'I Support, Guide Parents of LGBTQ Kids'

about a gay son coming out to his mother and the challenges she faces in accepting him.  

I am a member of the LGBTQ (Lesbian Gay Bisexual Transgender & Queer) community and have worked on gay rights for almost 20 years now. In all these years, I realised, how the parents of LGBTQ community members need support to bring up their children. We all know by now that it is hard for members of LGBTQ community to come out of the closet. But have you ever thought how it feels for the parents who first realise that their child is a homosexual or a bisexual! In a society that is largely homophobic, the trauma, and the stigma faced by them has largely been ignored.

When I was directing my film ‘Evening Shadows’ about a gay son coming out to his mother and the challenges she faces in accepting him, I came up with the idea of forming a support group for parents of LGBTQ community members. When parents first come to know of their child’s sexual orientation, which does not conform to the society’s accepted norms, they are shocked. They tend to go into a shell and start blaming themselves. ‘Where did I go wrong?’ they would ask themselves.

Loneliness follows. They stop connecting with their children. My film portrays these issues and has been doing well in the film festival circuit. But my real audience were the Rainbow parents. I wanted them to see the film and know that they are not alone and that it is not their fault. So, in 2016, a portion of the money that was raised for funding my film, by my company, Solaris Pictures, was donated to kickstart a parent-support group called, Sweekar-The Rainbow Parents. Some parents, who were actively speaking up at public platforms became the founding members of the group. Now the group has over 40 parents from cities, such as, Mumbai, Bengaluru, Hyderabad and Pune. We found that women are more accepting of their child’s sexual orientation in comparison to men.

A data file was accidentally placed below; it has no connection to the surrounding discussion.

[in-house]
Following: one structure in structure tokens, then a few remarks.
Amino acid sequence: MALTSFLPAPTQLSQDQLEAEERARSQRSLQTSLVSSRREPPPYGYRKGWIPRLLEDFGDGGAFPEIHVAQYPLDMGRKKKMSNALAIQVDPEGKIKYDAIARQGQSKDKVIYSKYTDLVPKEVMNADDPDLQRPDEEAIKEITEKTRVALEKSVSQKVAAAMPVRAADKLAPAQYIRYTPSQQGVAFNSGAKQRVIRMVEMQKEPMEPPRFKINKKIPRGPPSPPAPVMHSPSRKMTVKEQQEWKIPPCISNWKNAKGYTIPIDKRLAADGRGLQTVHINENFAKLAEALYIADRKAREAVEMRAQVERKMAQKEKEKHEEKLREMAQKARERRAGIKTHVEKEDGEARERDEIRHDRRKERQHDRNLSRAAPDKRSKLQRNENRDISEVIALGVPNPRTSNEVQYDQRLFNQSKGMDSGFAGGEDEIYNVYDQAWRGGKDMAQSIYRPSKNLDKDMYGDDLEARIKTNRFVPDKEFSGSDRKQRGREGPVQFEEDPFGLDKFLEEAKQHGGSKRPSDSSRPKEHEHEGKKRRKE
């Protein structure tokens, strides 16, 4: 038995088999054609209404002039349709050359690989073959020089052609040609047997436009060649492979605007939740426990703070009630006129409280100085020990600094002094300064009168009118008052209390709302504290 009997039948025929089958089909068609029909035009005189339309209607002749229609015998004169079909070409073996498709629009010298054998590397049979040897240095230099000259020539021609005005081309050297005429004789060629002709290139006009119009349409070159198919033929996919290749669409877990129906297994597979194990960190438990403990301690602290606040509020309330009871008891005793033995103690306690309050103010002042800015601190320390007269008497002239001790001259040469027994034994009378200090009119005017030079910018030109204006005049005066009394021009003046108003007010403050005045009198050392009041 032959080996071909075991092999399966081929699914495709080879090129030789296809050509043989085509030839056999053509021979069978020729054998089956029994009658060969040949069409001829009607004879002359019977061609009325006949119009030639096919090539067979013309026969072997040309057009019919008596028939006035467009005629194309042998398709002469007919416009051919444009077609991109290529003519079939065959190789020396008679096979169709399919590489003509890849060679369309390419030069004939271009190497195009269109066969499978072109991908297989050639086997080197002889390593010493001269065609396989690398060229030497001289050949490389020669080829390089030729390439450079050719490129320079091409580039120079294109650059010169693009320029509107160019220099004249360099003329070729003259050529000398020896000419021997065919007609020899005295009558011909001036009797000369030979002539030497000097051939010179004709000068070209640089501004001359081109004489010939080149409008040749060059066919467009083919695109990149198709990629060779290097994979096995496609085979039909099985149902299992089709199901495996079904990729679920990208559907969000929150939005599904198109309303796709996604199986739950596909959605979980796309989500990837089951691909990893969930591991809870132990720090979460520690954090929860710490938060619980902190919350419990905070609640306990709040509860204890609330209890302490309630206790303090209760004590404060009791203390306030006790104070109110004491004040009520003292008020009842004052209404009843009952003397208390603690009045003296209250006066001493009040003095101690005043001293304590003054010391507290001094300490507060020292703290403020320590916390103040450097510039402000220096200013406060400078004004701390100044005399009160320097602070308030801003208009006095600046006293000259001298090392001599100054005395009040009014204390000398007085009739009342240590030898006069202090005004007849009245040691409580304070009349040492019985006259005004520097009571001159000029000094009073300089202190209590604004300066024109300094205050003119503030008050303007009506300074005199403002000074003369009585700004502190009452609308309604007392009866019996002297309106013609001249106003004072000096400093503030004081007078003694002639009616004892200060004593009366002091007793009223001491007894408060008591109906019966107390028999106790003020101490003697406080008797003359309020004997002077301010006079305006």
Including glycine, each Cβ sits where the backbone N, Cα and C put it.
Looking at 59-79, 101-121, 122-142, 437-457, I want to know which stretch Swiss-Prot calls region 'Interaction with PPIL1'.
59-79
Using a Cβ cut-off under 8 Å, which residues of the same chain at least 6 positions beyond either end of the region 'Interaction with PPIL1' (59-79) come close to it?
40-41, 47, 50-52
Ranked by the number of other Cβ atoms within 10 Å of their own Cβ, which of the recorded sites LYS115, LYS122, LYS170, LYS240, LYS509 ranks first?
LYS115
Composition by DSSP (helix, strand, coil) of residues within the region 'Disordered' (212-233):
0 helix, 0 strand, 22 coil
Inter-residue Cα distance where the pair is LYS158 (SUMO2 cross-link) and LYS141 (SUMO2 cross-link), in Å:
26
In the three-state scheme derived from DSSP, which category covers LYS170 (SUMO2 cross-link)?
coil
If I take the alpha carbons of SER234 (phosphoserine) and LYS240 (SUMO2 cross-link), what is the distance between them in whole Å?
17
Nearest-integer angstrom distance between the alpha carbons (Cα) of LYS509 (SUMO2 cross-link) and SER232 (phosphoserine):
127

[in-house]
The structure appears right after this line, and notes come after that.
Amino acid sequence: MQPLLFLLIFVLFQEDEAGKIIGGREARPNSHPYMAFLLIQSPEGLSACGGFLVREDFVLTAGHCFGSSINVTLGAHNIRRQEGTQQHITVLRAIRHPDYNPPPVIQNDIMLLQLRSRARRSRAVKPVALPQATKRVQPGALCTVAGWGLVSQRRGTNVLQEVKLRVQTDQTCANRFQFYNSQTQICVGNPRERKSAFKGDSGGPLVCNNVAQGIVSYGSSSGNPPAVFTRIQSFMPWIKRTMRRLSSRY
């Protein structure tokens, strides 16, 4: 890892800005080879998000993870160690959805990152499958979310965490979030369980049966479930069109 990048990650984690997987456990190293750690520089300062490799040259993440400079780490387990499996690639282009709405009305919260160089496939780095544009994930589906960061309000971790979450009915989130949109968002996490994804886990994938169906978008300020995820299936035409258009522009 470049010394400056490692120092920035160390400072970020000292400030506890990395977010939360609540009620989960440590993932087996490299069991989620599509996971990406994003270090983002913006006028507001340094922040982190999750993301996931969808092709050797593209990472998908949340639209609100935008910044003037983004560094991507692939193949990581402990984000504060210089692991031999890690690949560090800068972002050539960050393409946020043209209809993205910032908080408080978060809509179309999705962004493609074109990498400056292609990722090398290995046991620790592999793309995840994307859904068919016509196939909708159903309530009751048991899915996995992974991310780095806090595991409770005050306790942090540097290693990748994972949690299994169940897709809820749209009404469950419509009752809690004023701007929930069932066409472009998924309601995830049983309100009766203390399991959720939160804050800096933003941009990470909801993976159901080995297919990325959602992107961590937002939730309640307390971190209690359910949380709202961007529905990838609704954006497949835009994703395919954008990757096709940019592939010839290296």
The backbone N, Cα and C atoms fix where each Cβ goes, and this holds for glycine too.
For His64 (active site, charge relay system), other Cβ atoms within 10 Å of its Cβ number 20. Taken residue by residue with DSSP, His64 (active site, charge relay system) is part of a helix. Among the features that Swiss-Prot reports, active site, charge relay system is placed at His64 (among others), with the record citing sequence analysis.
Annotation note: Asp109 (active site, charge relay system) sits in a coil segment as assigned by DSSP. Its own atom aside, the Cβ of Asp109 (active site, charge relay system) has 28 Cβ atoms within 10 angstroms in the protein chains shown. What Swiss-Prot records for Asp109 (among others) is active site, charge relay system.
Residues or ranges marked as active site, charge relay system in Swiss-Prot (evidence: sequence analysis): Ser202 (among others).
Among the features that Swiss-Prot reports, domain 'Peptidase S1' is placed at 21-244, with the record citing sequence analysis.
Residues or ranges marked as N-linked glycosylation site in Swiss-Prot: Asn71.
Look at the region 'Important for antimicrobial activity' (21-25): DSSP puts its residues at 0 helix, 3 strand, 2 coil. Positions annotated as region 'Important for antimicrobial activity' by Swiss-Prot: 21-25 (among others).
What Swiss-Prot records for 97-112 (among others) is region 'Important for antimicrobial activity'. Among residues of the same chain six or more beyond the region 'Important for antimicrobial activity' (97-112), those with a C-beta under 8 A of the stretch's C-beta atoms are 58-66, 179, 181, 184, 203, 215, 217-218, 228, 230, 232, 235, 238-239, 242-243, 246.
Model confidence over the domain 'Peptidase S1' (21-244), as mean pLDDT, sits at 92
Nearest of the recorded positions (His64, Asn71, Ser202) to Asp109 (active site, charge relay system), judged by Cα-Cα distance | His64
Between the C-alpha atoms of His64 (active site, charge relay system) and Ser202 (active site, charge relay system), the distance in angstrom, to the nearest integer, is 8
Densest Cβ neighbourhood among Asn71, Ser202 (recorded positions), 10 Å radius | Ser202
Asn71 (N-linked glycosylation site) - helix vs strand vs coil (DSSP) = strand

For them, their child is more important. This is reflected quite clearly in our support group as it majorly comprises mothers and has about five fathers. One grandmother too needs a special mention too. Sweekar conducts it meetings once in every three months in Mumbai. Parents share their experiences and anxiety with each other and extend emotional support. Several myths and misconceptions about the community are busted at these meetings.

We plan to start a helpline for LGBTQ members and connect parents from all walks of the society. The focus would be to train the members of the group so that they can sensitise their relatives and friends about LGBTQ people. Some of the parents have become very vocal on LGBTQ rights and readily participate in public meetings, discussions and workshops.

They also participate in Pride marches across the country. Recently, a parent participated in a Pride march with me in Vietnam. Parents themselves have been promoting and managing the group. Harish Iyer and I support and help the group. The LGBTQ community rejoiced when the Supreme Court has decriminalised Section 377 of the Indian Penal Code, but this is just the beginning.

There is a mountain of challenges that lie ahead. There are several parents in smaller towns in India, who need help. Even in big cities, parents have had a tough time in accepting their child’s sexual orientation. We have had parents, who left the support group. Some said that they have already accepted their child. But some were just not convinced.

Even after a lot of discussion, they perceive it as a ‘disease’ which can be ‘cured’. It is difficult to take some parents on board but not completely impossible. We are getting there slowly. They will be proud one day.